Columnists Mark my words

Is this an exercise in futility?

Father Mark Goldasich is the pastor of Sacred Heart parish in Tonganoxie. He has been editor of the Leaven since 1989.

by Father Mark Goldasich

Thought I was gonna die.

Most people probably missed it, but in my Jan. 6 Leaven column I mentioned — in parenthesis, no less — that I’d just joined a gym earlier that week. It’s called Anytime Fitness and I’d walked past it many times before, heading into a bar and grill next door.

When I signed up, the manager asked if I’d like to hire a personal trainer. As I looked at all of the instruments of torture — I mean, exercise equipment — I said, “Sure,” but never imagined that little word would throw open Pandora’s box.

Jasper, my personal trainer, has a friendly, welcoming smile and laid-back personality. Those traits prevented me from realizing that, in a previous life, he’d obviously worked for the Spanish Inquisition.

He led me through a “light workout” our first session that consisted of treadmill walking, squats, several hundred (OK, it seemed like it) step-ups and some planks thrown in at the end. I felt proud for getting through these various exercises, when Jasper said, “Now, we’re going to do two more reps of each!” My perspiration that night could have ended the global drought.

When Jasper asked how many times a week I’d like to meet, I thought about saying, “Annually,” but managed to gasp, “What do you recommend?”

“Two or three . . .” Before he finished his sentence, I blurted out, “Two!”

As I wearily hobbled away, I thought I was gonna die. I ached in places that I didn’t even know I had.

But I’ve returned almost every Wednesday and Saturday. And Jasper keeps coming up with different workouts. Even crazier, though, is that every time I’m lifting weights, there’s always a “husky” (some might say “overweight”) man across from me parroting my every move. Jasper insists that it’s just a mirror, but I have my doubts.

Last week, I did some crunches. I’m pretty sure that my body has not been contorted like that since I was in the womb. I’ve also come up with my own names for the exercises. What Jasper calls the hollow rock, I call the “I’ve fallen and I can’t get up”; the mountain climber I’ve renamed “the Jello mold,” since my midsection jiggles during it to beat the band.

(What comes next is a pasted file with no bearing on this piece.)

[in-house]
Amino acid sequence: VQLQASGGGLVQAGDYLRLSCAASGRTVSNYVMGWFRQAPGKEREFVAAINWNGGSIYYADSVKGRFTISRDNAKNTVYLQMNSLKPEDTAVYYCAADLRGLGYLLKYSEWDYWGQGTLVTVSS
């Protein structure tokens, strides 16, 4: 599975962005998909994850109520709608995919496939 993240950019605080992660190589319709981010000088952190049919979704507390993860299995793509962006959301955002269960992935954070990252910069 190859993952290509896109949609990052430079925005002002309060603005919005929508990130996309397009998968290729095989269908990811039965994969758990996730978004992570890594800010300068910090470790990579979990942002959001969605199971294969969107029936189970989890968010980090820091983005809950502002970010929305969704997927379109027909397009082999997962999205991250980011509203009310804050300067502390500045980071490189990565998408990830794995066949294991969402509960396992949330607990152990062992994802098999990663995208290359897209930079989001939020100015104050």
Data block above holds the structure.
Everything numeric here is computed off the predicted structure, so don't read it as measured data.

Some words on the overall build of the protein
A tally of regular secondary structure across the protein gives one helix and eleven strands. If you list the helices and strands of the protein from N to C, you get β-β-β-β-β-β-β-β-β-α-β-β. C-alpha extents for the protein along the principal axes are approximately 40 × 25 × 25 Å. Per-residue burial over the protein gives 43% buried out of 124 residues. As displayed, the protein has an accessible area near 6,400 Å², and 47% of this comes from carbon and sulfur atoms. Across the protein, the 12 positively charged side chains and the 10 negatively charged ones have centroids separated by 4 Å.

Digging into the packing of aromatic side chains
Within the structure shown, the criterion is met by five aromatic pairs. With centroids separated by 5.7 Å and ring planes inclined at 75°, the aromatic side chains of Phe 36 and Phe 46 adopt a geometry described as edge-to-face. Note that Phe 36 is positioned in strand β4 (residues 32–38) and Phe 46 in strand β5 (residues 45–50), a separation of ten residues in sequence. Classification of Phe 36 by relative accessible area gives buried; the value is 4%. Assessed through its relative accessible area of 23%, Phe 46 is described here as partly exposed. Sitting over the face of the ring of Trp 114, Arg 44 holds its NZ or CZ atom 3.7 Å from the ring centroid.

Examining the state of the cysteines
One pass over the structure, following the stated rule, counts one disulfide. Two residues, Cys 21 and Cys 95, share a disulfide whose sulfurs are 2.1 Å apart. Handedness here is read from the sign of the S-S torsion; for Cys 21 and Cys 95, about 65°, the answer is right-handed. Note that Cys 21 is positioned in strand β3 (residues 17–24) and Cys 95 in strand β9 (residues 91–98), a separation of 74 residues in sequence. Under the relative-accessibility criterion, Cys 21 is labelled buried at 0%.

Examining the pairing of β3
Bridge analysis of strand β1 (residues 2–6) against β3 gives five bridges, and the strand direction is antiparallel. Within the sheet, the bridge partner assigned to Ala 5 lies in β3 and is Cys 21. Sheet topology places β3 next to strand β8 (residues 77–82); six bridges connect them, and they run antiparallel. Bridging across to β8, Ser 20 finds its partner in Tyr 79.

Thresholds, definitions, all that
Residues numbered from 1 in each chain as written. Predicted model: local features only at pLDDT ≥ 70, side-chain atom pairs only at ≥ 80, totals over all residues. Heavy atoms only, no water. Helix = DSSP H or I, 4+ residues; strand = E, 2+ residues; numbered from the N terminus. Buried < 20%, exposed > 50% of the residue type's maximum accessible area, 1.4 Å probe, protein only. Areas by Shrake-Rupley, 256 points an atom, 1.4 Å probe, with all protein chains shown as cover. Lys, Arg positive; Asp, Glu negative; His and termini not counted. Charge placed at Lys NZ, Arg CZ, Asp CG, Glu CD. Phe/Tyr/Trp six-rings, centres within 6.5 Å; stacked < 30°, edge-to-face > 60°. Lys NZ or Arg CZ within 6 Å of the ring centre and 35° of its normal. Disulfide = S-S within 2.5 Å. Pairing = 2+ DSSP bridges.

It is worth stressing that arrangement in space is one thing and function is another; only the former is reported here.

Yet I keep going back, inspired by this little story:

A young man presented himself to a local expert on gems and said he wanted to become a gemologist. The expert brushed him off, fearing the youth wouldn’t have the patience to learn. When the young man pleaded for a chance, the expert consented.

The next morning — and many mornings after that — he put a jade stone into the boy’s hand and told him to hold it. The expert then went about his work — cutting, weighing and setting gems. The boy sat quietly and waited.

Eventually, as the youth held the jade stone, he could no longer stand the silence. “Master,” he asked, “when am I going to learn something?” “You’ll learn” was all he said and went back to his business.

After several more days, the expert approached the boy and beckoned him to hold out his hand. The boy was about to blurt that he could no longer go on. But as the master placed the stone in his hand, the young man exclaimed, without looking, “This is not the same jade stone!”

The master smiled and said, “You have begun to learn.” (Found in “The Sower’s Seeds,” by Brian Cavanaugh, TOR.)

Working out about a week ago, I noticed something: I have much more stamina. Gradually, with the guidance of a great and patient trainer like Jasper, things have changed. I’m in better shape than I’ve been in years. It’s come about through consistency and the unfailing encouragement of my trainer. Like the boy in the story, I’ve begun to learn.

Isn’t that how it is with faith? If we live it consistently, with the encouragement of our faith community and God’s grace, we’ll be stretched and grow stronger, into the saints that we’re called to be. Our Lenten “gym” has been preparing us, slowly but surely, for the new life of Easter.

I’ll close with what Kelly, a personal trainer in my parish, posted on my Facebook page this week:

Me (sobbing): I can’t see you anymore. I won’t let you hurt me again.

Trainer: It was a sit-up. You did one sit-up.

Hmmm. Wonder if she’s been talking to Jasper?

About the author

Fr. Mark Goldasich

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